Vermont Law School Report Identifies Barriers to and Best Practices for Protecting Electric Distribution Grid from Cyberattack

South Royalton, VT, April 15, 2019 (GLOBE NEWSWIRE) -- Vermont Law School’s Institute for Energy and the Environment today releases a new report, “Improving the Cybersecurity of the Electric Distribution Grid” that address the growing threat of a cyberattack on our nation’s electricity distribution grid. The report was commissioned by Protect Our Power, a non-profit organization focused on grid security. The report identifies barriers to addressing the growing risk and presents best practices to assist state electric utility commissions and their regulated utilities to increase investment in enhanced security.

The nation’s electric distribution network needs increased investment to address the growing threat of a cyberattack. Aging legacy equipment combined with the rise of a “connected” grid are creating an enticing target for attack. Investment in new technology and training is needed to reduce system vulnerabilities and increase system resilience. State electric utility commissions play a vital role in assessing the need for and the cost recovery of investments in cybersecurity. This report focuses on the pathways for increasing investment across the distribution grid.

Richard Mroz, Protect Our Power’s senior advisor for state and government relations, former president of the New Jersey Board of Public Utilities and former chairman of the National Association of Regulatory Utility Commissioners’ Critical Infrastructure Committee, said the study offers valuable insights into a complex problem that is rife with confusion and cost challenges. “As a former state regulator, I know how difficult it can be to strike the right balance between the need for new investments to protect critical infrastructure and the potential cost to electric ratepayers,” Mroz said. “This report highlights the clear challenge for industry and regulators but also case studies of how this challenge is being met to secure the grid.”

The solution to cyber vulnerabilities is not to simply increase investment. New investment must target high priority areas of need in a manner that protects ratepayer interests.  Key areas where action is needed include: (1) increased sharing of confidential information between utilities and regulators, (2) improving commission engagement with cooperatives and public power utilities; (3) enhanced resources for smaller utilities, (4) reduced regulatory obstacles to utility investment, and (5) new metrics for assessing a system’s security performance. Each identified issue is paired with proposed solutions, including who can act.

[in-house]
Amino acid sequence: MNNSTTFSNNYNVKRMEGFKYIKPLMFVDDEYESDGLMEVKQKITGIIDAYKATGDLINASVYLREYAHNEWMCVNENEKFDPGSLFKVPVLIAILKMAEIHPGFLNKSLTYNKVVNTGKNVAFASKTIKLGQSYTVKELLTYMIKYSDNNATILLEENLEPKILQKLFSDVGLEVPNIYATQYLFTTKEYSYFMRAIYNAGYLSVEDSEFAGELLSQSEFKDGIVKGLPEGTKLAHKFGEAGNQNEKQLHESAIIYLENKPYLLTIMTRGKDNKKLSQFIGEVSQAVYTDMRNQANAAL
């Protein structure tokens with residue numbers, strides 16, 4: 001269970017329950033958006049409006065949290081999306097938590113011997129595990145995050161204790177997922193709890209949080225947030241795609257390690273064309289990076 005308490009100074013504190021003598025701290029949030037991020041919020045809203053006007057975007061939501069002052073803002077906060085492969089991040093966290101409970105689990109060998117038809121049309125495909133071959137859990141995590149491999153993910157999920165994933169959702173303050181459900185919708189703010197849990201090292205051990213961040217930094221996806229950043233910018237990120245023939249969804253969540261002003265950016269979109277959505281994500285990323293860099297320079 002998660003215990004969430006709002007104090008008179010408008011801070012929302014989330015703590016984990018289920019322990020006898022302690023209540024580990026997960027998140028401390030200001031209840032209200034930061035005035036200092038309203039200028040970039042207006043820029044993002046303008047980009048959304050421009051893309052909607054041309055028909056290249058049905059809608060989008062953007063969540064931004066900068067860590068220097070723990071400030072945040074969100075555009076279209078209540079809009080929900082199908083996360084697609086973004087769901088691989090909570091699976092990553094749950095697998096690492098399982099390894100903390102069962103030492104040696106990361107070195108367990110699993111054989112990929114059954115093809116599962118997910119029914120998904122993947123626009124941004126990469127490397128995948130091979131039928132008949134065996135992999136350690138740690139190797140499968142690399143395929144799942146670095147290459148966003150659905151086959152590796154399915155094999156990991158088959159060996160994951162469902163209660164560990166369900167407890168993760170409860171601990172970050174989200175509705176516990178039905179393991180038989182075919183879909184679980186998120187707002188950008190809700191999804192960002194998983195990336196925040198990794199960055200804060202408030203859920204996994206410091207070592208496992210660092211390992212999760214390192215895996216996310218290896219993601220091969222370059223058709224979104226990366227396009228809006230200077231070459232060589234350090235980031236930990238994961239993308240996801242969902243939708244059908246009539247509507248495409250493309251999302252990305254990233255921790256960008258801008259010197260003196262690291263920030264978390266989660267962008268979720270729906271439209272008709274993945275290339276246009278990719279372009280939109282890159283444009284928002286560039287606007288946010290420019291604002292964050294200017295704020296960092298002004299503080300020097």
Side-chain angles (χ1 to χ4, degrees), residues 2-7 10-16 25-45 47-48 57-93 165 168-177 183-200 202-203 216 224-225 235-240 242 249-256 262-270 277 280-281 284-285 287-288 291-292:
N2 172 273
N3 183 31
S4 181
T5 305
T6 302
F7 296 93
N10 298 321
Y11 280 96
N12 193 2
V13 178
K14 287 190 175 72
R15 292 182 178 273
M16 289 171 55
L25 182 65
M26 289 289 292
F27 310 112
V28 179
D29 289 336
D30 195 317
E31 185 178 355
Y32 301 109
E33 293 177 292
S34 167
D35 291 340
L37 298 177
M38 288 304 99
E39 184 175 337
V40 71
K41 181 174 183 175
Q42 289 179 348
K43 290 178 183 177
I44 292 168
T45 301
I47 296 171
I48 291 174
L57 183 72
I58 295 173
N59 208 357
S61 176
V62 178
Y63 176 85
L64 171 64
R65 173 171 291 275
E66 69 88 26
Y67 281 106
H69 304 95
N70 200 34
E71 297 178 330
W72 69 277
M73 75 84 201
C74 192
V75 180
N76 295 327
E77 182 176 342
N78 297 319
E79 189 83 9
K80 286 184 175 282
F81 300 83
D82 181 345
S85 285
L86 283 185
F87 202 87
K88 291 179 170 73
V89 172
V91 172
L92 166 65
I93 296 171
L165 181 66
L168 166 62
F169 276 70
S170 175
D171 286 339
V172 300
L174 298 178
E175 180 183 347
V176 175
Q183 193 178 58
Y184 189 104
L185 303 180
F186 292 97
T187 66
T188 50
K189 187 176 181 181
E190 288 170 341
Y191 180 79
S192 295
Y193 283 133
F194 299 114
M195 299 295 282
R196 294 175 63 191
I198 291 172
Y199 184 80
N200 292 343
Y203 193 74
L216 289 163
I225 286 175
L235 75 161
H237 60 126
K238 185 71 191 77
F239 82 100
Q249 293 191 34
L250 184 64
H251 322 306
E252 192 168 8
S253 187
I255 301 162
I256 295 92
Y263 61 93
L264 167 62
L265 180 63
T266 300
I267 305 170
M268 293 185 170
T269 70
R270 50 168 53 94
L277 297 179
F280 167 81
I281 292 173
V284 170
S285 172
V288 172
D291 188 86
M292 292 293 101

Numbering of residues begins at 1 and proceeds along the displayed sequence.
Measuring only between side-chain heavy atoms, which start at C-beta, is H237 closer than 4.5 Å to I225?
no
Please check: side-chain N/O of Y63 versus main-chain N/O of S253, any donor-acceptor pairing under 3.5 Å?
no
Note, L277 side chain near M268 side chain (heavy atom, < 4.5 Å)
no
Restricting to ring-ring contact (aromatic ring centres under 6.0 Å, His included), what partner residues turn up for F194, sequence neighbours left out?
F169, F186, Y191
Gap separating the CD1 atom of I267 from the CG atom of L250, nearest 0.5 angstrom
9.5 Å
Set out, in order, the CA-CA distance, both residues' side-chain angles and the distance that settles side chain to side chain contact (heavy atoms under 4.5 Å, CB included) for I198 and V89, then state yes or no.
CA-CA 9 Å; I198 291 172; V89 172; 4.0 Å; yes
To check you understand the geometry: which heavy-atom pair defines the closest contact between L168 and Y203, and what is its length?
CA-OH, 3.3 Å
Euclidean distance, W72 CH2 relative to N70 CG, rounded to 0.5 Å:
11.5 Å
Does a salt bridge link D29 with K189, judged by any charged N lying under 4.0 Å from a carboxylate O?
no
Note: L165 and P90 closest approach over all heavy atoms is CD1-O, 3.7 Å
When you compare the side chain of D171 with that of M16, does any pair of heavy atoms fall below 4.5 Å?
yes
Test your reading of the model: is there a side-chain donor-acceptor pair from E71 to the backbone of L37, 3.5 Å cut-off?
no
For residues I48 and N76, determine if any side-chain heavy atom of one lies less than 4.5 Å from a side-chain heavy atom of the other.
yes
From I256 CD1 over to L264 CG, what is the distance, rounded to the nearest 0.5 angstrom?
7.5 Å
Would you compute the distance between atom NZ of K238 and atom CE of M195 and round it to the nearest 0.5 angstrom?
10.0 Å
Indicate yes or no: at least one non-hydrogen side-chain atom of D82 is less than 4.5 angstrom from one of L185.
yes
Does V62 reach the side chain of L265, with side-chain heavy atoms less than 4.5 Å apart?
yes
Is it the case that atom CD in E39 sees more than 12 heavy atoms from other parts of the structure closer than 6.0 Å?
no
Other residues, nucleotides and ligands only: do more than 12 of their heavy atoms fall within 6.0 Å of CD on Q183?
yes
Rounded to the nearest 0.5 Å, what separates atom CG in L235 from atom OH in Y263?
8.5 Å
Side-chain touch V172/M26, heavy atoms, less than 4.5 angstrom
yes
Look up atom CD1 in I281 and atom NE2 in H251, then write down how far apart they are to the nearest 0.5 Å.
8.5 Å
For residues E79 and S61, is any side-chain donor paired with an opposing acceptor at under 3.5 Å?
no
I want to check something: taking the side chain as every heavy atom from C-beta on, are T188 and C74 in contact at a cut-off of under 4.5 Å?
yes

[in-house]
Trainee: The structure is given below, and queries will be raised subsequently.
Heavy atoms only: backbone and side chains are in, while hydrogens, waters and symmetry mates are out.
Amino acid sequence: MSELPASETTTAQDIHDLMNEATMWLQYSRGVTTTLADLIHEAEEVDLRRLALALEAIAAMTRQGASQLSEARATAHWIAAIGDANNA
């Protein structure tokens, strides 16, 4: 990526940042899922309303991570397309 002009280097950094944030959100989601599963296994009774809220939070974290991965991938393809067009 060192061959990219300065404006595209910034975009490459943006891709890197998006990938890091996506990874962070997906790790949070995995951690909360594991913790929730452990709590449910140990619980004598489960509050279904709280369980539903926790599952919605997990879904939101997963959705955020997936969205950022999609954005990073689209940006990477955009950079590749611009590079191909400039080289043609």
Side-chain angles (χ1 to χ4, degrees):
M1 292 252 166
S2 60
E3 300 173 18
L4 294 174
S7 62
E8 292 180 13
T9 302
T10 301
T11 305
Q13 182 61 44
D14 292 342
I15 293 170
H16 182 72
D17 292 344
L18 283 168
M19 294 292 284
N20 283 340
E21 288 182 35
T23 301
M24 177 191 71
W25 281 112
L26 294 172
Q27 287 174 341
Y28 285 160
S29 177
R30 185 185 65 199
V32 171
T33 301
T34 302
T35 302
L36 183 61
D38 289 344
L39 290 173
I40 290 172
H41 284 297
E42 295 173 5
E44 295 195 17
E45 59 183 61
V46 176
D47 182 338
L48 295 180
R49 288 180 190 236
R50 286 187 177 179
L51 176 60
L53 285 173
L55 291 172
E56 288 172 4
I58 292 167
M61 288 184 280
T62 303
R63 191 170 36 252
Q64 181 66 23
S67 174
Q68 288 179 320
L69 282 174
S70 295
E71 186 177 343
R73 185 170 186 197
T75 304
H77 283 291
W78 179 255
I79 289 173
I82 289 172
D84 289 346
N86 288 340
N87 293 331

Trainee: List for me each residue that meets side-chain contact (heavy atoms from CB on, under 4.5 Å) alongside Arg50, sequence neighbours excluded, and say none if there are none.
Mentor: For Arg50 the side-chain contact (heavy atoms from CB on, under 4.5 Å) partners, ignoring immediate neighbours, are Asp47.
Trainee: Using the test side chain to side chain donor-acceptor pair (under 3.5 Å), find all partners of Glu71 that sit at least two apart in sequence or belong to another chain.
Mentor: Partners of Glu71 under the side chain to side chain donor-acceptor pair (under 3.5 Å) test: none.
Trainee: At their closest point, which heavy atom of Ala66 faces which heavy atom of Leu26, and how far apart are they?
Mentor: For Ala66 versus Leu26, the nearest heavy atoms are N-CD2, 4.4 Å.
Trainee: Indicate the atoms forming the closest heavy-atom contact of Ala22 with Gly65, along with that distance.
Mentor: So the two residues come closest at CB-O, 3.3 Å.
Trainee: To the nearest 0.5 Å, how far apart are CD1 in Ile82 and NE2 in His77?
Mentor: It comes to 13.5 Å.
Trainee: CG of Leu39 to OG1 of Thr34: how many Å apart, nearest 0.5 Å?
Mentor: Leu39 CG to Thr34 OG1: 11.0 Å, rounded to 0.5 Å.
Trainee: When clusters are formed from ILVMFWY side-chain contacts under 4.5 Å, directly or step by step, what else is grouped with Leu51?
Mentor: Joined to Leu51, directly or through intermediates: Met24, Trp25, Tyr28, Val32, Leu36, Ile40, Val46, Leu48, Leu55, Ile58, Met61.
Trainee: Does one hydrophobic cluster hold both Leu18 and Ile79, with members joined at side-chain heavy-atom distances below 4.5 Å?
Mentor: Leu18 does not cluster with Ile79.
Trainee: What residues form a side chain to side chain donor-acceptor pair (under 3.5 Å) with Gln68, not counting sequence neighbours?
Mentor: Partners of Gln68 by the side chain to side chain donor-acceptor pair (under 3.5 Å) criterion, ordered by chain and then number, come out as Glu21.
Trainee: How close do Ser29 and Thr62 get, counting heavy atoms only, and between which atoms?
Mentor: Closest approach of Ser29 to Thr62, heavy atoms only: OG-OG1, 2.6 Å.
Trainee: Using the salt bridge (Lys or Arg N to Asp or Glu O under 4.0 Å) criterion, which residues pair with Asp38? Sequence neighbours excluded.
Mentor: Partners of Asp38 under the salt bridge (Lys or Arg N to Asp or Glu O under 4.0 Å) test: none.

According to Mark James, project lead and assistant professor with Vermont Law School’s Institute for Energy and the Environment, “Electricity powers everything that we do. Every day the cyber threats to our electric distribution system grows. A sustained, wide-spread attack on our electric grid would be economically devastating and pose serious health hazards.”

“Our research identifies pathways for utilities and utilities commissions to reduce barriers to investment and increase system resilience. Our report is built on interviews with utility executives, system analysts, former commissioners, and public utility commission staff to assess where vulnerabilities exist and how those vulnerabilities could be addressed. We reviewed dozens of utility commission filings and critical government reports to identify best practices. Action is needed to reduce the risk of a cyberattack on the nation’s distribution grid and this report provides concrete steps towards a more resilient grid.”

The Institute for Energy and the Environment at Vermont Law School provides accessible resources on contemporary energy law and policy with a focus on a cleaner and more resilient grid of the future. The IEE distributes scholarly, technical, and practical publications; provides forums and conferences for professional education and issue development; and serves as a center for graduate research on energy issues, with environmental awareness. IEE research associates are selected from the top students in the energy and environmental programs at Vermont Law School, top-ranked in the nation for environmental law. For more information about the IEE, visit

Protect Our Power is an independent, not-for-profit organization seeking to build consensus among key stakeholders, decision-makers and public policy influencers to launch a coordinated, comprehensive and adequately funded effort to make the nation’s electric grid more resilient and more resistant to all external threats.


Vermont Law School, a private, independent institution, is home to the nation’s most comprehensive environmental law program. VLS offers a juris doctor curriculum that emphasizes public service; four master’s degrees—Master of Environmental Law and Policy, Master of Energy Regulation and Law, Master of Food and Agriculture Law and Policy, and Master of Arts in Restorative Justice; and four post-JD degrees —LLM in American Legal Studies (for foreign-trained lawyers), LLM in Energy Law, LLM in Environmental Law, and LLM in Food and Agriculture Law. The school features innovative experiential programs and is home to the Environmental Law Center, South Royalton Legal Clinic, Environmental and Natural Resources Law Clinic, Energy Clinic, Food and Agriculture Clinic, and Center for Justice Reform. For more information, visit, find us on Facebook, and follow us on Twitter and Instagram.


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